Eligibility requirements for Oregon’s DUII Diversion Program have again been changed by the Oregon Legislature. Alterations to Oregon DUII laws are among the most common areas for new legislation, resulting in changes every two years.
Oregon’s DUII Diversion Program was created in 1979, at the same time the Legislature changed the law to make all DUII’s a criminal offense. Prior to 1979, a DUII with a breath test under .15 was not a criminal offense. In 1979 they lowered the maximum blood alcohol level to .10 and created Diversion as an alternative.
Diversion is a one year deferred sentencing program. The accused is found guilty of DUII but not sentenced for one year. During that one year period the person is required to have an alcohol evaluation and complete treatment as directed at their own expense. There are fees for entry into the program and a mandatory Victims Impact Panel.
Under current law a person who is arrested for DUII is eligible for Diversion if there are no injuries to other people associated with the offense, the person has no pending charge of DUII murder, manslaughter, aggravated vehicular homicide, criminally negligent homicide or assault involving a motor vehicle and the person does not hold a commercial drivers license.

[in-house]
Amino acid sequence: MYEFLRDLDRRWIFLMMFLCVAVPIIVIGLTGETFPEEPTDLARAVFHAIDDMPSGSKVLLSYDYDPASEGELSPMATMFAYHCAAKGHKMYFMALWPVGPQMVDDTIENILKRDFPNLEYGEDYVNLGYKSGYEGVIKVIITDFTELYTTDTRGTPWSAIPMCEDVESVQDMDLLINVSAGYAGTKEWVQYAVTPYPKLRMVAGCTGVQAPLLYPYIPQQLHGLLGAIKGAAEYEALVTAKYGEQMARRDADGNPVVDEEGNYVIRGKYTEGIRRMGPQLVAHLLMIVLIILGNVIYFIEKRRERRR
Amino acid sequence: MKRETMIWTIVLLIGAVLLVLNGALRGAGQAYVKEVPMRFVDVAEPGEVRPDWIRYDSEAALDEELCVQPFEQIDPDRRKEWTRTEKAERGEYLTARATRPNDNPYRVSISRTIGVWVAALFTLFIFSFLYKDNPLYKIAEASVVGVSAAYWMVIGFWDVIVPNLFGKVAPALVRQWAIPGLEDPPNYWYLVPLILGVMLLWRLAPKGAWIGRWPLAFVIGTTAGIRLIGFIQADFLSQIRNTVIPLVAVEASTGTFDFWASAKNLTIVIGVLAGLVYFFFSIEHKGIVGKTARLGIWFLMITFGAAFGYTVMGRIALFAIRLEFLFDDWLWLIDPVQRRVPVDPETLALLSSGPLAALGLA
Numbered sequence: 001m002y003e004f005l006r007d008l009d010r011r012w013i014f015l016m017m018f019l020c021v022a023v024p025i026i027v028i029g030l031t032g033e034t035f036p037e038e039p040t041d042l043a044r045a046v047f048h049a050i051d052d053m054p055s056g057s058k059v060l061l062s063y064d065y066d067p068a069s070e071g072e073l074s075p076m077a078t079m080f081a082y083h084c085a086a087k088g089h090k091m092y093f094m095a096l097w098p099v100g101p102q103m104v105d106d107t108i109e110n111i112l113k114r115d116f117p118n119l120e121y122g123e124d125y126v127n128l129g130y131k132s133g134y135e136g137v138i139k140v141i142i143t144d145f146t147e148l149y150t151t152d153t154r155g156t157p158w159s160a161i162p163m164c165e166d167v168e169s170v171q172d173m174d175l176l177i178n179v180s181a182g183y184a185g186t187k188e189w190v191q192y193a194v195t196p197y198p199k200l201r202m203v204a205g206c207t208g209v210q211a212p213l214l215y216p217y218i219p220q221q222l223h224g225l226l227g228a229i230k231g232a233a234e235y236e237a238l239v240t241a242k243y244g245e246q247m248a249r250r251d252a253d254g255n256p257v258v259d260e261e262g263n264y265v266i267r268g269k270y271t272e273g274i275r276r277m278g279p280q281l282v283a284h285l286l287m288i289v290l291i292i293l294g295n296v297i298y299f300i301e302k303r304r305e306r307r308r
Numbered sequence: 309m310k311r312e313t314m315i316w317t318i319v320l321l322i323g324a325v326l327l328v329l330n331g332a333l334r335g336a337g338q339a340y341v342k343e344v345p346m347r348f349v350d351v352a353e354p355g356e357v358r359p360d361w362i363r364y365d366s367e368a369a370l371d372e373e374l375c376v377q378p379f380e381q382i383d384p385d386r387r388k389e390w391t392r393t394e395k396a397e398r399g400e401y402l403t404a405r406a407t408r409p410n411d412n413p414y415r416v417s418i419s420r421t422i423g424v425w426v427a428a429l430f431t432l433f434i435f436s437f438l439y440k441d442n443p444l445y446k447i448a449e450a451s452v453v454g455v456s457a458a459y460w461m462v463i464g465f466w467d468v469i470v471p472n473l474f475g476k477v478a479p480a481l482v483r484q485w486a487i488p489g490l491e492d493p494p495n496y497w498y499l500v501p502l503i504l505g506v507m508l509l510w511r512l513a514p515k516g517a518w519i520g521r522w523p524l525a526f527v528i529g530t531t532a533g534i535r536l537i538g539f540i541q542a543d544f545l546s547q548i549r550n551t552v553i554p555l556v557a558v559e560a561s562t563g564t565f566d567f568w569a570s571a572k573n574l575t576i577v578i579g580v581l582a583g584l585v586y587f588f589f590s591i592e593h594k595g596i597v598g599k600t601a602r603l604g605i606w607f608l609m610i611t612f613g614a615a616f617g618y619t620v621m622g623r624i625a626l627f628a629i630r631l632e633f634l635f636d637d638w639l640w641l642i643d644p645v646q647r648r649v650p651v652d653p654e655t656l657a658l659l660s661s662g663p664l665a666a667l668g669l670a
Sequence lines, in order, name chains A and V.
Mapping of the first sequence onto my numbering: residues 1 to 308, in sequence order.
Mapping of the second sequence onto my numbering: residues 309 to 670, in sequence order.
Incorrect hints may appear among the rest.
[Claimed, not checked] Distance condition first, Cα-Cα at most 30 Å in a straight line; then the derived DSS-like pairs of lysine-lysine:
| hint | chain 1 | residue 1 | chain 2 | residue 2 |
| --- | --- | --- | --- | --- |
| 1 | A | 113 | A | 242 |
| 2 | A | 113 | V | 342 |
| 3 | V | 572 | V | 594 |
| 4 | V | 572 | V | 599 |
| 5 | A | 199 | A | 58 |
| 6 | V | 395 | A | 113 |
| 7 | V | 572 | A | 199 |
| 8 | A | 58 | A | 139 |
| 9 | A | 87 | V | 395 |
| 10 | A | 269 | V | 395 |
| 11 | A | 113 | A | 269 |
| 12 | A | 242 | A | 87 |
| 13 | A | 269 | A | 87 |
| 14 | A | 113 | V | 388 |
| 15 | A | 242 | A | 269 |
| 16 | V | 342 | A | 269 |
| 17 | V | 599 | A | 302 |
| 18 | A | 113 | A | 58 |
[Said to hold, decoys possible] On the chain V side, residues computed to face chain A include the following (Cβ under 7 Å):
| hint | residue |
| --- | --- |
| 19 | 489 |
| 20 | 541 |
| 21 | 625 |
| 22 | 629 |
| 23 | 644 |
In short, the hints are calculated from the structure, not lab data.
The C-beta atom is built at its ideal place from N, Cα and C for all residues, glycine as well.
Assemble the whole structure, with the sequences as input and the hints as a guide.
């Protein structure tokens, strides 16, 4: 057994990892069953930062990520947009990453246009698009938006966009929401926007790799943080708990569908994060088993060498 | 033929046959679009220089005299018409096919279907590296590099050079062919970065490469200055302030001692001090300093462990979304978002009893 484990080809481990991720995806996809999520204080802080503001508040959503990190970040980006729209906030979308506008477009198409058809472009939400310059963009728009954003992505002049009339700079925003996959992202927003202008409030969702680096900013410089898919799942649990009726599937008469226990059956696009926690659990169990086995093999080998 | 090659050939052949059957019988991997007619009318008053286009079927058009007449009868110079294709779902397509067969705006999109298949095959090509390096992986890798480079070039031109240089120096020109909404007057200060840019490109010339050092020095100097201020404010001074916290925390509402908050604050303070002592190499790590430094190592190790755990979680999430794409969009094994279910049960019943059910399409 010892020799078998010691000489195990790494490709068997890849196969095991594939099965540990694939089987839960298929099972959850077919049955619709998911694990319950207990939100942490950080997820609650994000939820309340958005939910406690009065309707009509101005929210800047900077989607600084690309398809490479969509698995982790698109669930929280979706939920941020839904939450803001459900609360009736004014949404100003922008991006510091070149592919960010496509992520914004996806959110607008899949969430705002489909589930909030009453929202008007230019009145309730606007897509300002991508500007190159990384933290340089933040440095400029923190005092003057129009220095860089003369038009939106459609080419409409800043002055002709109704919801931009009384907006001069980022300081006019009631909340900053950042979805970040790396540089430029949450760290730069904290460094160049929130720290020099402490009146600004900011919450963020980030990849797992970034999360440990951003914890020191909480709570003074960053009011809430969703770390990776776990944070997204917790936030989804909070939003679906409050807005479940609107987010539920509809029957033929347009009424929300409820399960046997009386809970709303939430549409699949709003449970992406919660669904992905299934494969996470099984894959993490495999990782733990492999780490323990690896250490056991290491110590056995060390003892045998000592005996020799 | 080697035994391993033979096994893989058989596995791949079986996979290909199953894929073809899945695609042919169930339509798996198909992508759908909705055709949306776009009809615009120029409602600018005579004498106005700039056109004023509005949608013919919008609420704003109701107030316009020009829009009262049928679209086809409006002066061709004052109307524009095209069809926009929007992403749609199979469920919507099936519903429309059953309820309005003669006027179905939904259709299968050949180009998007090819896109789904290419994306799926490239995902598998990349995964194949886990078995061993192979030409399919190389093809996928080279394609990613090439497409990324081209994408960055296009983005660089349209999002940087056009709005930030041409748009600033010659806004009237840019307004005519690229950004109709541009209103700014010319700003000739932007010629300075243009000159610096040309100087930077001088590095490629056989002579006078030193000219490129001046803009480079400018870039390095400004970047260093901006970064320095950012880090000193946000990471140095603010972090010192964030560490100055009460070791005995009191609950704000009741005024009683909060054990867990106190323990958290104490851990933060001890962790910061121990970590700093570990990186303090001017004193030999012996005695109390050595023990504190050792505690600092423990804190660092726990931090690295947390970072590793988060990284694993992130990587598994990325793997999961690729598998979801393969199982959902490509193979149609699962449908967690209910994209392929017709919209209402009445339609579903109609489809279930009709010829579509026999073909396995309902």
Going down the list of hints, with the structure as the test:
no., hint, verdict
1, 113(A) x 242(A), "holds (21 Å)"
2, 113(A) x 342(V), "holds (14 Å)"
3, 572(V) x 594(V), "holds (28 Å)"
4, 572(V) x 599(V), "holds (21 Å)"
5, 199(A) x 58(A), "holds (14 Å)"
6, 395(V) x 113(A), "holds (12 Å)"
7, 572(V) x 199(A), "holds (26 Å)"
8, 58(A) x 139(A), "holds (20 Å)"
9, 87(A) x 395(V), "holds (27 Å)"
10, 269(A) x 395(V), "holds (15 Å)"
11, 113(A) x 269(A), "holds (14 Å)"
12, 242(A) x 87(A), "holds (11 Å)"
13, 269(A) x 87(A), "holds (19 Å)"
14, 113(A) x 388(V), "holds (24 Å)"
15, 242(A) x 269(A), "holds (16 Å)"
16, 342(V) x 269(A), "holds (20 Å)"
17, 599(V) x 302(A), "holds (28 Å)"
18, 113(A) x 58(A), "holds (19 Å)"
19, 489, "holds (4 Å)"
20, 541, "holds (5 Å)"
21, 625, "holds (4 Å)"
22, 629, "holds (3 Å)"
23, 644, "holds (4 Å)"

Under current law there is also a “10 year rule,” which means that a person is ineligible if, in the last ten years they have:
A. been convicted of DUII in Oregon or any other state;
B. they have been convicted of an alcohol related driving offense other than DUII in another state; or
C. if they have participated in a DUII Diversion Program or Diversion-like program of any kind for any crime in the last ten years.
The 2009 legislature has now made two significant changes in the law. First, they extended the “10 year rule” to a “15 year rule.” More significantly, the legislature added an additional disqualification: a person must not have been convicted of any other traffic crime in the last 15 years.
The change in the “10 year rule” has been proposed in several past legislative sessions. However, the “no other traffic crimes” restriction is a major change in existing law. This would mean the persons convicted of criminal Driving While Suspended or Reckless Driving would be ineligible for Diversion, as well as anyone convicted of any other major traffic crime.
When Diversion was created in 1979 the legislature was concerned about offering incentives to people to explore rehabilitative alternatives to conviction of a crime. These changes are further evidence of the shift away from an emphasis on rehabilitation toward a “punishment first” philosophy. This change was sponsored and recommended by the Oregon District Attorney’s Association.
This post relates to persons receiving an Oregon DUII.